Daily Archives: April 24, 2012

Scientists call for research into mobile phone brain cancers

CANCER IN CHILDREN ON THE RISE: The Children with Cancer conference will highlight figures just published by the Office of National Statistics, which show a 50 per cent increase in frontal and temporal lobe tumours between 1999 and 2009.

  • Scientists at London conference call for independent research into potential links between using a mobile phone and brain cancer
  • Figures from ONS show 50 per cent increase in brain tumours since 1999
  • Studies ‘are split 50/50’ in conclusions, leaving the issue open for debate
  • But believers fear fall-out from the ‘biggest technological experiment in the history of our species’

Daily Mail | Apr 24, 2012

By Eddie Wrenn

A scientific conference starting in London today will urge governments across the world to support independent research into the possibility that using mobile phones encourages the growth of head cancers.

The Children with Cancer conference will highlight figures just published by the Office of National Statistics, which show a 50 per cent increase in frontal and temporal lobe tumours between 1999 and 2009.

The ONS figures show that the incident rate has risen from two to three per 100,000 people since 1999, while figures from Bordeaux Segalen University show a one to two per cent annual increase in brain cancers in children.

Scientists and academics have long argued over the suggestion that radiation from mobile phones causes cancers. Those who believe there is a link say that – with five billion mobile phones being used worldwide – urgent research must be carried out to establish the risk.

But not everyone agrees. While governments, phone companies, and health agencies give precautionary advice about minimising mobile phone use, the Health Protection Agency is likely to conclude in a report due on Thursday that the only established risk when using a mobile is crashing a car due to being distracted by a call or text.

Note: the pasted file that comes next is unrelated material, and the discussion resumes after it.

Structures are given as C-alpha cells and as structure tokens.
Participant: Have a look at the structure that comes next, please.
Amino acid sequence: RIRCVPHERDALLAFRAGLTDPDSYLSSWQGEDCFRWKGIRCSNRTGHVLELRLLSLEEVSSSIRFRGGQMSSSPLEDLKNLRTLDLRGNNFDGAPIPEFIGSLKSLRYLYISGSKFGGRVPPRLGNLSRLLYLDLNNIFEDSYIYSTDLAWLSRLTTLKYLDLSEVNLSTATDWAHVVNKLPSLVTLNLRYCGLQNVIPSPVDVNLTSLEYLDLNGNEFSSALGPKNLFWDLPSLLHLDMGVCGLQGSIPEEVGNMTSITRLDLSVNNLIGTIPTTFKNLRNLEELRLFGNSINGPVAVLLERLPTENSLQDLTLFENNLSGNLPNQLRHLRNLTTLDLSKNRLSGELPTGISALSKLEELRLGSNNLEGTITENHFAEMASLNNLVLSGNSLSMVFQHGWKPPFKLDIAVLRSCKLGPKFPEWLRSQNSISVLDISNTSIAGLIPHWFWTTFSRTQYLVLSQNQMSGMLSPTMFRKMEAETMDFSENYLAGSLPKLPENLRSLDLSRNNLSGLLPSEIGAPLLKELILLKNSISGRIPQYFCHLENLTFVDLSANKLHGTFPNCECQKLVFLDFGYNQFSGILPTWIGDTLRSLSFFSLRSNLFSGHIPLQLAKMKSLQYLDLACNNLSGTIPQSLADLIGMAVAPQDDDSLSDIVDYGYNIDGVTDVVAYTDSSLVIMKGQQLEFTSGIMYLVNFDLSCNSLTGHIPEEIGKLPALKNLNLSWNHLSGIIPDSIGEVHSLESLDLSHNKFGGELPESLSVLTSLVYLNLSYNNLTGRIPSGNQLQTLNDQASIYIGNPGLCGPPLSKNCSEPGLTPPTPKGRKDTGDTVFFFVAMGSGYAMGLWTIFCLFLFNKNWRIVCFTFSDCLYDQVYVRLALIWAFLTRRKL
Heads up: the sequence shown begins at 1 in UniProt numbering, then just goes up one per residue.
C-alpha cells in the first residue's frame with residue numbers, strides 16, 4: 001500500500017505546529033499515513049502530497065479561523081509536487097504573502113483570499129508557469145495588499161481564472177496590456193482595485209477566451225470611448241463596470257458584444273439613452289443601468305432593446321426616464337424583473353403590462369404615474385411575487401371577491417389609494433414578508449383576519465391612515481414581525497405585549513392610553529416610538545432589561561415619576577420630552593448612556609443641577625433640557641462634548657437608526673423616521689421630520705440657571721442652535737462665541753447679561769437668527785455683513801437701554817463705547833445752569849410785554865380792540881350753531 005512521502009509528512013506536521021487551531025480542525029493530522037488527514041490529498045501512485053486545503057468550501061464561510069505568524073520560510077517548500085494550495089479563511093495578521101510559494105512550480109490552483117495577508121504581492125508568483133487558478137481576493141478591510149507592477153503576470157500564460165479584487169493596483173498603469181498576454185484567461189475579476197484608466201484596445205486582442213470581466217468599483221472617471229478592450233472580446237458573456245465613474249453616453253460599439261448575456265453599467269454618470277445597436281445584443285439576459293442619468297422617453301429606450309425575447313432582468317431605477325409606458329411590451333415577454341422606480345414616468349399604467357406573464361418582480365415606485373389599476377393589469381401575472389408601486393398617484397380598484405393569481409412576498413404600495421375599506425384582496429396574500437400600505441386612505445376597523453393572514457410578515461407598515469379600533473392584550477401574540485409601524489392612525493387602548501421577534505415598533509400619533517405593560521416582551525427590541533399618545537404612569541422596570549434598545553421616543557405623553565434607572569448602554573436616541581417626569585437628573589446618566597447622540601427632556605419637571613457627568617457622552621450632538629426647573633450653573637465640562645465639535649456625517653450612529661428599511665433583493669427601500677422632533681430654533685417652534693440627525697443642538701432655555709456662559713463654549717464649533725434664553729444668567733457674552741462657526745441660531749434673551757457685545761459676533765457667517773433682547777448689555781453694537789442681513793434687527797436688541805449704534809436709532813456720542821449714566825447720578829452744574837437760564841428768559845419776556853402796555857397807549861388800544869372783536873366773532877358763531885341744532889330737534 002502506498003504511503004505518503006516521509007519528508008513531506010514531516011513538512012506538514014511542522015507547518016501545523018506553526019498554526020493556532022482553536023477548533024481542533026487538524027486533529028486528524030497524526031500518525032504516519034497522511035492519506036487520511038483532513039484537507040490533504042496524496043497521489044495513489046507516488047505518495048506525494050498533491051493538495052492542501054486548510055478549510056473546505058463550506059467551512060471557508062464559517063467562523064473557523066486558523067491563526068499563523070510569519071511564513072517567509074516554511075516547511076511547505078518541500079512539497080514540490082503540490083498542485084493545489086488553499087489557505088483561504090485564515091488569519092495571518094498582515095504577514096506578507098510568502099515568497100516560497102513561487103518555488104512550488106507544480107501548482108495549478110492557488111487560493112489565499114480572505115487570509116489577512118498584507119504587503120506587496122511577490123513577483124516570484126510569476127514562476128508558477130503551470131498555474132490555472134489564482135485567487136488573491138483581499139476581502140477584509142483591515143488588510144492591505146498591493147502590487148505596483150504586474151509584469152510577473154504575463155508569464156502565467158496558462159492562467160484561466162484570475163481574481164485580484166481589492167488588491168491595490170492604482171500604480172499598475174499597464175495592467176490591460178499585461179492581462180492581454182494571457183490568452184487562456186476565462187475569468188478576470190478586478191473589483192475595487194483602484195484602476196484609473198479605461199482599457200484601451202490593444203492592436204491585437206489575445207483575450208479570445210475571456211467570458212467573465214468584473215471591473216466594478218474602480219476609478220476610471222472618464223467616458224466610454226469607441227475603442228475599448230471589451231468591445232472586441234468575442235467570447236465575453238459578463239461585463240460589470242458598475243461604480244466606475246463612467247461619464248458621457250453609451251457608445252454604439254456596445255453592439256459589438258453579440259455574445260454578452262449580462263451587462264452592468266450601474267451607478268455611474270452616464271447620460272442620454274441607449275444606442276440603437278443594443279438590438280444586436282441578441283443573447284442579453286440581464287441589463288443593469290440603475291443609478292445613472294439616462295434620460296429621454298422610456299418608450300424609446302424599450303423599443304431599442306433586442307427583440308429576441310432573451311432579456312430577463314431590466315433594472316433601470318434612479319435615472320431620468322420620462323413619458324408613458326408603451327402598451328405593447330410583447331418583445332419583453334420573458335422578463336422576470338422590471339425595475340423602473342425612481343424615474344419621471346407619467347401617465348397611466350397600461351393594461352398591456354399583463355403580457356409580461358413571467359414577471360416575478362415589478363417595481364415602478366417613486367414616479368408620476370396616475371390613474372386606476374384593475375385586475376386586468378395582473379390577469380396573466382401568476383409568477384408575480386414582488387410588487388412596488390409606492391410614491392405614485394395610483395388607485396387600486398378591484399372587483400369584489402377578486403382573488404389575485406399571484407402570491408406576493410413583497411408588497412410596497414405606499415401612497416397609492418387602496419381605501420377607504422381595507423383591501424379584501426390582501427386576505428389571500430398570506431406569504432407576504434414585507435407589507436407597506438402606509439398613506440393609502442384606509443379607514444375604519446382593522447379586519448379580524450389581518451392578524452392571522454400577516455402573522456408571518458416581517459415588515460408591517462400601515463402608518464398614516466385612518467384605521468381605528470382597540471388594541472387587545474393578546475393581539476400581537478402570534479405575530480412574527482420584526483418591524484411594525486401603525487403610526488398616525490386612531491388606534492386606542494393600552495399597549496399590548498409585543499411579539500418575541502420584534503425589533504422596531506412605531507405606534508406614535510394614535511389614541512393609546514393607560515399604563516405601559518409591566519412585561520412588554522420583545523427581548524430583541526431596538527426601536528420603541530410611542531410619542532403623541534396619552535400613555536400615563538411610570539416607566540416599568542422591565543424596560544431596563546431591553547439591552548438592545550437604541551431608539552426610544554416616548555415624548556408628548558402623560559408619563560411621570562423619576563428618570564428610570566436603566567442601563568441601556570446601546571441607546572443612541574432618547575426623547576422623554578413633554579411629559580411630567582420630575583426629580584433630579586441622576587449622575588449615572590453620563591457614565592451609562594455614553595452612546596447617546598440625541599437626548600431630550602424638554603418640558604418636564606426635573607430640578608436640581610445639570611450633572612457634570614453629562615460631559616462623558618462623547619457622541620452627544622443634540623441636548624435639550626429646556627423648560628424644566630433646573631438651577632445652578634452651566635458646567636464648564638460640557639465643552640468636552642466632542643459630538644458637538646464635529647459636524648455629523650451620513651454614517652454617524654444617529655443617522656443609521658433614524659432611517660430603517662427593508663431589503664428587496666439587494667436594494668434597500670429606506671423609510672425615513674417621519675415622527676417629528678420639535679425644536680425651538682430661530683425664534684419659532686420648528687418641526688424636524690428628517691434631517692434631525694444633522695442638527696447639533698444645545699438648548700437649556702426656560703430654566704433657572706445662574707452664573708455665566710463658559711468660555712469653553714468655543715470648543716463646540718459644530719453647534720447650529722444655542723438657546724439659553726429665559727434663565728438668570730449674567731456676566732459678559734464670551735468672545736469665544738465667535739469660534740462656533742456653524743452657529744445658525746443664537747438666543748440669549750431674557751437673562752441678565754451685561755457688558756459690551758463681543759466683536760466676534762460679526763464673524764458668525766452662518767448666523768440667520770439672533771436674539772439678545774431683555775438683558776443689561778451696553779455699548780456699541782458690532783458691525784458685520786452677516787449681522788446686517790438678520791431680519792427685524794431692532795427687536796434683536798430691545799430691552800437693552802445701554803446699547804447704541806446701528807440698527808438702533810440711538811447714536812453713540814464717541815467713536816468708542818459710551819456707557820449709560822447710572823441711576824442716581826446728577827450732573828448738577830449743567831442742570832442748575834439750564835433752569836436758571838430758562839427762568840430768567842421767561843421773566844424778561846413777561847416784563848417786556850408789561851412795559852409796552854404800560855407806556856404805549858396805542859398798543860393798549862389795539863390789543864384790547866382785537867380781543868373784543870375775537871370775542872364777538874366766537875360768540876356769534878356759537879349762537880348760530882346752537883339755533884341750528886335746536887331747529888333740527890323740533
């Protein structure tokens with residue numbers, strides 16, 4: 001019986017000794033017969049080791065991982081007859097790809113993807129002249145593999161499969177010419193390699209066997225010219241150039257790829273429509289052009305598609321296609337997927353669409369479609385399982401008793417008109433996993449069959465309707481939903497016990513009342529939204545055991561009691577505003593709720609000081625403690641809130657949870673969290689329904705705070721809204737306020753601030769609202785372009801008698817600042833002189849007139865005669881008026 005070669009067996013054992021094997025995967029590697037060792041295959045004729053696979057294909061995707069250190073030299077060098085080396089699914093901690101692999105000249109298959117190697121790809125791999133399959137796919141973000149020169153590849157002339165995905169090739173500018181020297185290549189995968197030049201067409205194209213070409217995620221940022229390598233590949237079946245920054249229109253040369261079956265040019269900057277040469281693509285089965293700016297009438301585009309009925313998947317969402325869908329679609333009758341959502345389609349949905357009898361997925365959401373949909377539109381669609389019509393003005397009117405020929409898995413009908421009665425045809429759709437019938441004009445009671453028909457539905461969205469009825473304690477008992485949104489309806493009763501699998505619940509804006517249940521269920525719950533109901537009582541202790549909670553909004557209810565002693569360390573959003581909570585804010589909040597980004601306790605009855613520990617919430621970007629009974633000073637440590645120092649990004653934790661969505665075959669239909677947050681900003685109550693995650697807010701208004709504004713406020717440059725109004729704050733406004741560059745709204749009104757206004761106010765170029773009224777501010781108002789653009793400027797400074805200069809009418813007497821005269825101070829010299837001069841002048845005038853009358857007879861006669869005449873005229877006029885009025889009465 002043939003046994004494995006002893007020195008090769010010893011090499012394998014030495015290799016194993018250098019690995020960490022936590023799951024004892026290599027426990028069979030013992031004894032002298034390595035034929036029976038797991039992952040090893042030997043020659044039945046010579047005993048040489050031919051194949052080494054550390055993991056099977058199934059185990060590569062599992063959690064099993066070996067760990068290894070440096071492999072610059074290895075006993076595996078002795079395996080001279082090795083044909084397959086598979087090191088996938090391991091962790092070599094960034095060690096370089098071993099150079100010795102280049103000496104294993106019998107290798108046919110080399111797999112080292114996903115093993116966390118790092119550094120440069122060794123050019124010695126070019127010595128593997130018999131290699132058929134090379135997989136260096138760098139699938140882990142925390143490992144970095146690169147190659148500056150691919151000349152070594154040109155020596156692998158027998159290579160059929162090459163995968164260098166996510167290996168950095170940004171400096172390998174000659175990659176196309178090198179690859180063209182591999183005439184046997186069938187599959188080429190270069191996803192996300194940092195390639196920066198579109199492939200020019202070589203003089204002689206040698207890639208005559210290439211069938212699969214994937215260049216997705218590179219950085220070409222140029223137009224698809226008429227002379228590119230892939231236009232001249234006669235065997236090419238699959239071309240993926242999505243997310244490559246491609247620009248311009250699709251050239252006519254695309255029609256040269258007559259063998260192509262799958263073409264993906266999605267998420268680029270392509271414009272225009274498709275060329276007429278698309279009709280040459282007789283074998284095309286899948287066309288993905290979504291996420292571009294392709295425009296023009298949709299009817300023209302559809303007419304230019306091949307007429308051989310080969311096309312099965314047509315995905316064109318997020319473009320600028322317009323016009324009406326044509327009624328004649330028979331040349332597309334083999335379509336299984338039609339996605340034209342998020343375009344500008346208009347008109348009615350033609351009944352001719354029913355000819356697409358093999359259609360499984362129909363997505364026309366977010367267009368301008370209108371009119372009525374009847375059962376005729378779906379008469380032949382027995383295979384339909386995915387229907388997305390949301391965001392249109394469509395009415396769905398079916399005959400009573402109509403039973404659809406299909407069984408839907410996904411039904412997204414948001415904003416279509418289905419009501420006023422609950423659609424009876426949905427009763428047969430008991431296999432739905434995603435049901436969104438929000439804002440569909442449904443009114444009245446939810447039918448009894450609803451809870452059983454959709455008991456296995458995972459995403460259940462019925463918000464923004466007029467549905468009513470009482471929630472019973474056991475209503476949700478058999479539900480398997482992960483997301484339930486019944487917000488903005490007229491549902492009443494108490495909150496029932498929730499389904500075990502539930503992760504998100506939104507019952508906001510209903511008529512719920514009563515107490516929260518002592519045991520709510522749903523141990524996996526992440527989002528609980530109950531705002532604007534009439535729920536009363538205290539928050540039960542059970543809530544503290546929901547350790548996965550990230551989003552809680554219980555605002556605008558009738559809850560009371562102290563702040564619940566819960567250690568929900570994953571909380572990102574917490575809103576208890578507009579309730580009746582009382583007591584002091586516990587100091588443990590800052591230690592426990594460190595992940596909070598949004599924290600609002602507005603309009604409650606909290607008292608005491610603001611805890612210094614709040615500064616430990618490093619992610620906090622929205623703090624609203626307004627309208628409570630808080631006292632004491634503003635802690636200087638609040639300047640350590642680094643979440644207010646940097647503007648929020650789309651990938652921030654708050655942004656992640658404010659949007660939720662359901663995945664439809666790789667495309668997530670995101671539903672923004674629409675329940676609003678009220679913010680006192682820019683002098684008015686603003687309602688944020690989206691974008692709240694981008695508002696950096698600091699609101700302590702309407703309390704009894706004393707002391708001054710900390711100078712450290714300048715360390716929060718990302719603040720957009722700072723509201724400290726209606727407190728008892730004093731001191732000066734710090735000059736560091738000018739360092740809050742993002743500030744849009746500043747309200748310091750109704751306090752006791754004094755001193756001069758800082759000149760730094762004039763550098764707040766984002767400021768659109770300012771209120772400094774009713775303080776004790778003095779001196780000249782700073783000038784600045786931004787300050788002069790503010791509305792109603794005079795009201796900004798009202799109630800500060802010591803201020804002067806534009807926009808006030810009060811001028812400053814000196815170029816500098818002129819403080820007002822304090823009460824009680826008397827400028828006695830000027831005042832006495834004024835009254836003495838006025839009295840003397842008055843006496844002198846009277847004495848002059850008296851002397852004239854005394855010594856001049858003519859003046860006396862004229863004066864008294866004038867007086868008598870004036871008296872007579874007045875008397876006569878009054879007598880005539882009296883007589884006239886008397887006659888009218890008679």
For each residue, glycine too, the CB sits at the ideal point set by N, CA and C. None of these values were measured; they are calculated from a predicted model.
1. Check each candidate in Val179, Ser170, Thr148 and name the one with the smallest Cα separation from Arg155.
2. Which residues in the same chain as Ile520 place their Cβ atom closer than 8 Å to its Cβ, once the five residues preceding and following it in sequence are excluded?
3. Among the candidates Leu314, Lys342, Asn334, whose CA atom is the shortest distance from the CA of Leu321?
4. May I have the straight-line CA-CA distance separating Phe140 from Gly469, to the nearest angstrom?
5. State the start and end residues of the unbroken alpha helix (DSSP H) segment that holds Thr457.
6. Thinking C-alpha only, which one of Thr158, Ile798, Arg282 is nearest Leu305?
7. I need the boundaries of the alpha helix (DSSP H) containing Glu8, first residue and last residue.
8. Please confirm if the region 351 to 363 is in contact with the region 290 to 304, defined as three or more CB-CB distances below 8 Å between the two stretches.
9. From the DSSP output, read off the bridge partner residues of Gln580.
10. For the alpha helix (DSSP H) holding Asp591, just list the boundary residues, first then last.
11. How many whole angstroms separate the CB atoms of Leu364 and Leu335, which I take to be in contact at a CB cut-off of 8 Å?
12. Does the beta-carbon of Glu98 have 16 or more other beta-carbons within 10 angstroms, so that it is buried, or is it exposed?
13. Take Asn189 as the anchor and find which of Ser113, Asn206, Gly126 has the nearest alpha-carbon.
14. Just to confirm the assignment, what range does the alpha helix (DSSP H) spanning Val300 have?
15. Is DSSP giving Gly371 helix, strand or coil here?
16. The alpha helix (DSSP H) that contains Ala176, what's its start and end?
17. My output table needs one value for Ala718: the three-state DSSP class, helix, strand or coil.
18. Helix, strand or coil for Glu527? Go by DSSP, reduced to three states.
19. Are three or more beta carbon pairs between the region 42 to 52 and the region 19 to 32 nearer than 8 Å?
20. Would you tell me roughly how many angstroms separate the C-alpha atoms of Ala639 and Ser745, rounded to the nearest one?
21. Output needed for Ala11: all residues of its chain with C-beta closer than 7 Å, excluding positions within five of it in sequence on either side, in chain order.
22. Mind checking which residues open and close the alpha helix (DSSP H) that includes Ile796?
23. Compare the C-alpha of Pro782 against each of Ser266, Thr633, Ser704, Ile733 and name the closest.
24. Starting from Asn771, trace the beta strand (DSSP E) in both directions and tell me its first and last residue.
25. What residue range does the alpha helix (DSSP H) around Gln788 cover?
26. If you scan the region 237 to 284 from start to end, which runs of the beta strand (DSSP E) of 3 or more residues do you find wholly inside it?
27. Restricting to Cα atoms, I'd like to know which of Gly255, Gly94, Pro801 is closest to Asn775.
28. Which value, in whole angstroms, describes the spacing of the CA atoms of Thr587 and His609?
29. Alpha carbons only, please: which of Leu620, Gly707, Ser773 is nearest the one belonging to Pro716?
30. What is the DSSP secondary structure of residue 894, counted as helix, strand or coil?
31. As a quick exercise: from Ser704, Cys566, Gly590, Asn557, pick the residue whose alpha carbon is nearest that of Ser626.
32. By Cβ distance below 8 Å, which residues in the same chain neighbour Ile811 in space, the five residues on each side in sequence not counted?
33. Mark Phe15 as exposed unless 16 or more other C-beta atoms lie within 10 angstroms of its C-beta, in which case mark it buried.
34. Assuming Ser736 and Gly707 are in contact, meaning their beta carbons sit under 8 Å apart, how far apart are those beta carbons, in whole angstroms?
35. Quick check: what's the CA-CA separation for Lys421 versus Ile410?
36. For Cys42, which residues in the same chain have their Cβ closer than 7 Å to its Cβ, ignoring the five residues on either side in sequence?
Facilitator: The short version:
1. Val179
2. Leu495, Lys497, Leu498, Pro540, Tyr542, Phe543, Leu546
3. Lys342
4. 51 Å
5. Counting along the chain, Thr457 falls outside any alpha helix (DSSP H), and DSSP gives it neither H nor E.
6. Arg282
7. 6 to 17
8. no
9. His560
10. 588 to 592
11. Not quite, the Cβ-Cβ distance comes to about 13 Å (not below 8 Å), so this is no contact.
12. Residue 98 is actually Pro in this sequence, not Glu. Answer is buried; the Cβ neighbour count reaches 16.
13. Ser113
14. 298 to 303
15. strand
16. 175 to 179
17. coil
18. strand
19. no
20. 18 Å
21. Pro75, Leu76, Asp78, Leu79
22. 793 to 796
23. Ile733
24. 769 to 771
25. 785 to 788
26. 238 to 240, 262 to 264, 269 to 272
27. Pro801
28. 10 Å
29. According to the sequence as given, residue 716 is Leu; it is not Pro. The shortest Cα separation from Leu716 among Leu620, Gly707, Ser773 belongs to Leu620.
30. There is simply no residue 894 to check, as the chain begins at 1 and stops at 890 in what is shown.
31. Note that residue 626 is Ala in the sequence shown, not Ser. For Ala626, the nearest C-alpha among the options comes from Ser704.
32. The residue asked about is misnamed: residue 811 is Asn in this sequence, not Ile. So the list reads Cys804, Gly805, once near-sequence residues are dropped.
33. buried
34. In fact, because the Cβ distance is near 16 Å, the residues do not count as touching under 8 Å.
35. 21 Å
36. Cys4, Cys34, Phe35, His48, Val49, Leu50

Professor Denis Henshaw, emeritus professor of human radiation effects at Bristol University, is opening the three-day conference in Westminster today.

He has previously advocated cigarette-style warnings on mobile phone packets and urges more independent research.

Professor Henshaw said: ‘Vast numbers of people are using mobile phones and they could be a time bomb of health problems – not just brain tumours, but also fertility, which would be a serious public health issue.

‘The health effects of smoking alcohol and air pollution are well known and well talked about, and it’s entirely reasonable we should be openly discussing the evidence for this, but it is not happening.

‘We want to close the door before the horse has bolted.’

The International Agency for Research on Cancer (IARC) rang alarm bells last year when it classified mobile phones as ‘possibly carginogenic’.

Professor Darius Leszczynski, of the Radiation and Nuclear Safety Authority in Finland, said: ‘For the first time a very prominent evaluation report states it so openly and clearly: RF-EMF [radio frequency electromagnetic field] is possibly carcinogenic to humans.

The International Agency for Research on Cancer (IARC) rang alarm bells last year when it classified mobile phones as ‘possibly carginogenic’.

Professor Darius Leszczynski, of the Radiation and Nuclear Safety Authority in Finland, said: ‘For the first time a very prominent evaluation report states it so openly and clearly: RF-EMF [radio frequency electromagnetic field] is possibly carcinogenic to humans.


Speaker Dr Annie Sasco, from the Epidemiology for Cancer Prevention unit at Bordeaux Segalen University, will highlight the one to two per cent annual increase in brain cancers in children.

She has concerns over the effect of radiation on children’s brains.

She said: ‘If the penetration of the electromagnetic waves goes for four centimetres into the brain, four centimetres into the adult brain is just the temporal lobe.

‘There are not too many important functions in the temporal lobe – but in a child the more central brain structures are going to be exposed.

‘In addition kids have a skull which is thinner, less protective, they have a higher content of water in the brain, so there are many reasons that they absorb more of the same radiation.’